How To Get A Mortgage In Scotland
Getting a mortgage in Scotland involves identifying your budget, finding a suitable mortgage lender, and securing a Mortgage in Principle. Once you’ve found a home you like and you’ve had an offer accepted, you’ll need to inform your mortgage broker or lender so that they can start processing your mortgage application.
Getting a mortgage in Scotland is similar to the mortgage process in other parts of the UK. However, the Scottish property purchase process and the rules around selling and buying are slightly different in Scotland. Here’s how it works…
How much can you afford to borrow?
The first step in any mortgage application process is working out how much you can borrow, and the total amount you can spend on a home based on your deposit plus your mortgage amount. There are lots of tools available to help you work this out, including Trussle’s mortgage affordability calculator.
When you’re doing your sums, remember to take into account the various costs of buying a home and moving, including mortgage fees, legal fees, and tax. Instead of Stamp Duty Land Tax (SDLT) which applies in the rest of the UK, buyers in Scotland have to pay Land and Buildings Transaction Tax (LBTT) on property purchases over £145,000.
Getting a Mortgage in Principle
Once you know how much you can borrow, the next step is to get a Mortgage in Principle from a mortgage broker or lender. This is a document that states that - in principle - the lender is willing to give you a mortgage of a certain amount. To get it, you’ll need to provide certain personal and financial details.
You’ll need a Mortgage in Principle to show sellers that you’re a serious buyer.
It’s important to understand that a Mortgage in Principle isn’t a guarantee that your mortgage application will be approved. You’ll submit your final mortgage application once you’ve had an offer accepted on a property.
Finding a property
Once your Mortgage in Principle is in place, you need to find a conveyancing solicitor who’s familiar with Scottish property law. Your mortgage broker or lender may be able to help you find a solicitor.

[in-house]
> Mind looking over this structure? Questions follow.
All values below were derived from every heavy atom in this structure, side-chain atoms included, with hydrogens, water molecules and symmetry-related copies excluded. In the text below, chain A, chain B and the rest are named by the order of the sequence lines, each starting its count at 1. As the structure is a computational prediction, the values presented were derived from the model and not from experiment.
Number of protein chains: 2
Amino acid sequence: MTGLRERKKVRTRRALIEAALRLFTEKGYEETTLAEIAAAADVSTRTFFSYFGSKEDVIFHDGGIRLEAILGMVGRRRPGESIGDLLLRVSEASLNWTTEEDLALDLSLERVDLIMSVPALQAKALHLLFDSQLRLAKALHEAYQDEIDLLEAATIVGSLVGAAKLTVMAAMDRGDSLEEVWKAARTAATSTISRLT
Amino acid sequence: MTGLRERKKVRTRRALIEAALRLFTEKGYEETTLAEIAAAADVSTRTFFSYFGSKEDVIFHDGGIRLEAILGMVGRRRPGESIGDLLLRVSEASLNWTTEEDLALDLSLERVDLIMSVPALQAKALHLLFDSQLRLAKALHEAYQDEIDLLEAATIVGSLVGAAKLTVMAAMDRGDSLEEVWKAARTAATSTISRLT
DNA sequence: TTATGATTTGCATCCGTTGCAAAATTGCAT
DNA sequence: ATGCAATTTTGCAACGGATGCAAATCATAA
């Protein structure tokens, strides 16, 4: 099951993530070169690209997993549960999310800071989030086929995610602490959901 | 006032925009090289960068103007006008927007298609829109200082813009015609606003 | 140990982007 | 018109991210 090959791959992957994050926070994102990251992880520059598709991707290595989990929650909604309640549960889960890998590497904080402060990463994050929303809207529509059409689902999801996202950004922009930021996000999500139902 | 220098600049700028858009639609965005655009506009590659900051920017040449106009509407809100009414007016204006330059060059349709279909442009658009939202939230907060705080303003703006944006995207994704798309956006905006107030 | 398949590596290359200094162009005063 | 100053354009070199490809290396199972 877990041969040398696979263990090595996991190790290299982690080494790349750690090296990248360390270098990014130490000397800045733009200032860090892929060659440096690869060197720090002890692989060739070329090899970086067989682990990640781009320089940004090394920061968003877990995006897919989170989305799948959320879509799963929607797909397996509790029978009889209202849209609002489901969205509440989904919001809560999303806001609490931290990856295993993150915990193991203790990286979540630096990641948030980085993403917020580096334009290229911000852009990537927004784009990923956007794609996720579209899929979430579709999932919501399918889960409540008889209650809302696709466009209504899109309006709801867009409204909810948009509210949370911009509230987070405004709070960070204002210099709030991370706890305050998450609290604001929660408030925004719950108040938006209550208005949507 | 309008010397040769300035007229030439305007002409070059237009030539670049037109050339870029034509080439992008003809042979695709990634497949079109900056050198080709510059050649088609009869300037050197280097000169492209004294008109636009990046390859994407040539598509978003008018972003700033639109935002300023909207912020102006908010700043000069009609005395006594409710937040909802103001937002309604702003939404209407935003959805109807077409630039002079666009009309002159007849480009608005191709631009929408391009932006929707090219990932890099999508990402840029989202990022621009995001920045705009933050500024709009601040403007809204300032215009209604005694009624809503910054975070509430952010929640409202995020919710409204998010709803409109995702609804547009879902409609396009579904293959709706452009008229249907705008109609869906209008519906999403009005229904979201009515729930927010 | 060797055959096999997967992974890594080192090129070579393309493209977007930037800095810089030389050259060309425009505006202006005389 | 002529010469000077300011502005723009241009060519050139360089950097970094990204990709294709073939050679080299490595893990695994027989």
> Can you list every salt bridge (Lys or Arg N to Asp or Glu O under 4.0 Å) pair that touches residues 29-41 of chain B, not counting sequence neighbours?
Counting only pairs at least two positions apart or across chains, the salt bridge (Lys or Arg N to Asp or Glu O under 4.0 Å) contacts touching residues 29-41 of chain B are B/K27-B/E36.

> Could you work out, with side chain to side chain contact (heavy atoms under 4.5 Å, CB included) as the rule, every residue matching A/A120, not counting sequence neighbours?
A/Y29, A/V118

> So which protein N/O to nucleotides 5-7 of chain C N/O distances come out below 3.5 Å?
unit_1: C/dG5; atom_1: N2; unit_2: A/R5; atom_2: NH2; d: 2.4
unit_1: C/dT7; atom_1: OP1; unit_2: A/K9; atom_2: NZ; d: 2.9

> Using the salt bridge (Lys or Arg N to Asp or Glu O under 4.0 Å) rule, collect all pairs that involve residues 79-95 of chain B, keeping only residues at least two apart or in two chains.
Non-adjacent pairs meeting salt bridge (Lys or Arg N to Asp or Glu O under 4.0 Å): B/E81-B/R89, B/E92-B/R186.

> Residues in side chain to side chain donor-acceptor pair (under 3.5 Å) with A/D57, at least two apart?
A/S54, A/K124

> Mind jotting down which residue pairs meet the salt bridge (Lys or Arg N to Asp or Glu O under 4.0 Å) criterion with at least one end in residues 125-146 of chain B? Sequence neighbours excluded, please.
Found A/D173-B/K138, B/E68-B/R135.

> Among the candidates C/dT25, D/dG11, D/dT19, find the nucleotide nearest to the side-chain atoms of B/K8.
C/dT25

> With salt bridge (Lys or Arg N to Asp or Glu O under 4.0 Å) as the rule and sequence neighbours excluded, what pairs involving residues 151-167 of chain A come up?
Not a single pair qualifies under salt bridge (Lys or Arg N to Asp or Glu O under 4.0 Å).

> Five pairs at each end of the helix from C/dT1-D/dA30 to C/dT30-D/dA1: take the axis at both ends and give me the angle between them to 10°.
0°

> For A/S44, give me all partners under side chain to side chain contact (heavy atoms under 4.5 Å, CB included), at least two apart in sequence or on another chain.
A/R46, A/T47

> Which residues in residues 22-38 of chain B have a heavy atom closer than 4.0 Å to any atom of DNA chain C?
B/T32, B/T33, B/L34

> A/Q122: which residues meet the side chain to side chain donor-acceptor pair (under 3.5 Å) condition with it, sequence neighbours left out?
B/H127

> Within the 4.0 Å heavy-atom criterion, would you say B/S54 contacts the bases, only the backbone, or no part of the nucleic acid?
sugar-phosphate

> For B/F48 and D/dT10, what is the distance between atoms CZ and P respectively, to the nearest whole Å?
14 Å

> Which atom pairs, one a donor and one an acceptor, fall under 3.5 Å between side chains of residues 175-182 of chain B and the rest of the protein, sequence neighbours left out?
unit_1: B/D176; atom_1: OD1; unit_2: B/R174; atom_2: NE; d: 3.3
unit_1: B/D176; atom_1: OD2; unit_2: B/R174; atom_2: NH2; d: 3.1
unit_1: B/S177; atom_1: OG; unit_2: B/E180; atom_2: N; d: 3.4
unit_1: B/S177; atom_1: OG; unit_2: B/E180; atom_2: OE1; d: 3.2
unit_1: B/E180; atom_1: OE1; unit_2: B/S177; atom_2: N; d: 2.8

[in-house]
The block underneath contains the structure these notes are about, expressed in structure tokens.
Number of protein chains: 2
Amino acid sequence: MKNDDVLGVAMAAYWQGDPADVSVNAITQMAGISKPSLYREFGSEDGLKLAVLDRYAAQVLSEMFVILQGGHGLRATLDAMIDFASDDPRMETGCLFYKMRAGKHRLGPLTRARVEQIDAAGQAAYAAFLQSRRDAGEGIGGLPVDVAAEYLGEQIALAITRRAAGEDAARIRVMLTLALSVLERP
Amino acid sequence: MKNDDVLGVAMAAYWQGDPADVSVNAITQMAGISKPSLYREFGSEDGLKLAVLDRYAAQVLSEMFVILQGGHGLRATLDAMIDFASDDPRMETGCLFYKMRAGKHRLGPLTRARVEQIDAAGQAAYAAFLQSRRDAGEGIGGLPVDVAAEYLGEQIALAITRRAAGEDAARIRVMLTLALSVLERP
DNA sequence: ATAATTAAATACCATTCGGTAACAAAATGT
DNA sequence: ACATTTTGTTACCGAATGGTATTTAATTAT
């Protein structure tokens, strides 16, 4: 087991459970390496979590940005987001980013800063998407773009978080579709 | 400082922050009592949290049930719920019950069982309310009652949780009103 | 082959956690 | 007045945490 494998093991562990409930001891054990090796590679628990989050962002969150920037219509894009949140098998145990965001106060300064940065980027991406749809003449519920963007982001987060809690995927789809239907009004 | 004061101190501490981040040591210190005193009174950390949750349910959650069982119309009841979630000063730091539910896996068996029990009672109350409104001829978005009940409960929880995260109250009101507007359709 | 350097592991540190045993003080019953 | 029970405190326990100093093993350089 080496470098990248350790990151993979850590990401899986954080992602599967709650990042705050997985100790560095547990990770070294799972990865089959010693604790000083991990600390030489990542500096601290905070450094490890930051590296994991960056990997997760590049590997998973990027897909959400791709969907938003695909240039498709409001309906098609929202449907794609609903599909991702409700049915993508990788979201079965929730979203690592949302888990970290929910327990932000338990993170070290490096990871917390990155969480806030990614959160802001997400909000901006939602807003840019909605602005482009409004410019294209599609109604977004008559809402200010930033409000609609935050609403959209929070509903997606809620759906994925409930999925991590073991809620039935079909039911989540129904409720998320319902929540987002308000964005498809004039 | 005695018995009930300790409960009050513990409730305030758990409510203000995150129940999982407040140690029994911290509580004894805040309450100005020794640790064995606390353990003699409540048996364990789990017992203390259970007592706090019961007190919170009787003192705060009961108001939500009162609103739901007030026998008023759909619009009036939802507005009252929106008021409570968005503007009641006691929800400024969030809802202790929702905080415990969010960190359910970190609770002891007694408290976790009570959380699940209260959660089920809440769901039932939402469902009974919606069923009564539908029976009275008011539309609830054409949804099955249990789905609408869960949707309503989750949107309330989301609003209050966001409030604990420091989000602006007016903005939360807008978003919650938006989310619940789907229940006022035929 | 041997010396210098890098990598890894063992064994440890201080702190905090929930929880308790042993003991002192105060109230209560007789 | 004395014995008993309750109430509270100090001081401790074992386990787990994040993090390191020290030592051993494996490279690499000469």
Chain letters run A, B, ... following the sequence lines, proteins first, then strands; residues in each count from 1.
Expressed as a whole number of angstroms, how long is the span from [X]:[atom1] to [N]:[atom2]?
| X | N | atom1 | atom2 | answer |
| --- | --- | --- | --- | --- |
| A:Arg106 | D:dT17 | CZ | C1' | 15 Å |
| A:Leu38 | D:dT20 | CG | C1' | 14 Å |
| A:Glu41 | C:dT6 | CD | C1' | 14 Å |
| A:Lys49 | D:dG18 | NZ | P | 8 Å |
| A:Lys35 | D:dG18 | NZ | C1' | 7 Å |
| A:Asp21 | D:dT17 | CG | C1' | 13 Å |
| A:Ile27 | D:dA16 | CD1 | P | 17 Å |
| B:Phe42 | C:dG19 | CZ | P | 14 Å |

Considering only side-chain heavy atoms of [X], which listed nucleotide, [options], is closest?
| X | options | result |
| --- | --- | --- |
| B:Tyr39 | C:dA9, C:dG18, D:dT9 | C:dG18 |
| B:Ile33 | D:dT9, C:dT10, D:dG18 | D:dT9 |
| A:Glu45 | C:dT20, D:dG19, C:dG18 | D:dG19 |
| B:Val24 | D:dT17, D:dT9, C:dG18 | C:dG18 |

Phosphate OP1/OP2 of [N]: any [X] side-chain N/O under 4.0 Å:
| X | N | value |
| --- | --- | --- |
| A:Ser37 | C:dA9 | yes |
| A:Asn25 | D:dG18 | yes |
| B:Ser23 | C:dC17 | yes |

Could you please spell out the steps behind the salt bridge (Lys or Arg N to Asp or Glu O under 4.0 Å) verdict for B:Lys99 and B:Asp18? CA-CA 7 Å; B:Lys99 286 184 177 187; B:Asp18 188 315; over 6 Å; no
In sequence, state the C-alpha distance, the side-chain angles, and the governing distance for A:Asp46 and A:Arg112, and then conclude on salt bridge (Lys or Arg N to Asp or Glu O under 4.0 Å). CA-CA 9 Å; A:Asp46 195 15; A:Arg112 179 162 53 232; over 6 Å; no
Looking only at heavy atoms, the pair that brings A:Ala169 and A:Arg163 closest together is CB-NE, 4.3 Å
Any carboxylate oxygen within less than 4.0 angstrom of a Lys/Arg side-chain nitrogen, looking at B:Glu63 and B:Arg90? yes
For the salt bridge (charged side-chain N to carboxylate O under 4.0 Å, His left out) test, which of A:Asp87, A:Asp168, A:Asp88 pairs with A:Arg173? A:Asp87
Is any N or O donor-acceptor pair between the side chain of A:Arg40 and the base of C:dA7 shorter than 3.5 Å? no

When you find a home you like, your solicitor will register a ‘note of interest’ with the seller’s agent, and you’ll be told if there’s a ‘closing date’. This is the date by which potential buyers must have submitted an offer.
Your solicitor will also ask for a copy of the Home Report, which Scottish sellers are required to provide. The Home Report includes a survey on the condition and value of the property, an energy report, and the answers to a property questionnaire.
Making an offer
An offer needs to be made by your conveyancing solicitor in writing to the seller’s agent, including information like the price and your anticipated moving-in date. If your offer is accepted, you’ll need to inform your mortgage broker or lender so that they can start processing your mortgage application.
Once all the contract details are agreed between the seller’s solicitor and the buyer’s solicitor, the solicitors exchange letters known as ‘conclusion of missives’. At this point both parties are legally committed to the transaction.
In England and Wales, ‘gazumping’ is quite common. This is when an offer is accepted by a seller, but then another buyer comes in with a higher offer. This is less common in Scotland, as Law Society of Scotland rules say that once a solicitor accepts an offer on behalf of their client, they can’t accept an offer from a different buyer.
The mortgage valuation
Your mortgage lender will ask for further information and documentation to complete your mortgage application. They’ll also want to check that you’re paying the right amount for the property.
They may be satisfied with the valuation from the Home Report, or they may want to arrange their own valuation of the property. If they arrange a separate mortgage valuation, you’ll usually have to pay for this.
You may also decide to arrange a building survey to get a more detailed report of the structure and condition of the property.
Meanwhile, your solicitor will be carrying out checks and searches as part of the conveyancing process. This includes looking at property registers and checking with the local authority to make sure there are no ownership or planning issues.
Formal mortgage offer
Once your lender is satisfied with the valuation report, the information in your application, and the results of the searches, they’ll make a formal mortgage offer. You then accept the offer, and the solicitor can continue with the conveyancing work to transfer ownership of the property from the seller to you.
‘Settlement’ is the final stage of the conveyancing process, and it’s when the money is paid for the property and you get the keys! This stage is called ‘completion’ elsewhere in the UK.
The settlement date will have been agreed as part of the missives negotiation. On this date, the money for the property (including both your deposit and your mortgage) is transferred from your solicitor to the seller’s solicitor. Make sure that your lender knows the settlement date so that they can release the funds at the right time.
Using Trussle to get a mortgage in Scotland
If you’re buying a home in Scotland, Trussle can help. We’ll provide you with a downloadable Mortgage in Principle, search through thousands of mortgage products to find one that suits you, and manage your mortgage application to settlement. We’ll even continue to monitor your mortgage, alerting you when it’s time to switch to a more suitable deal later on.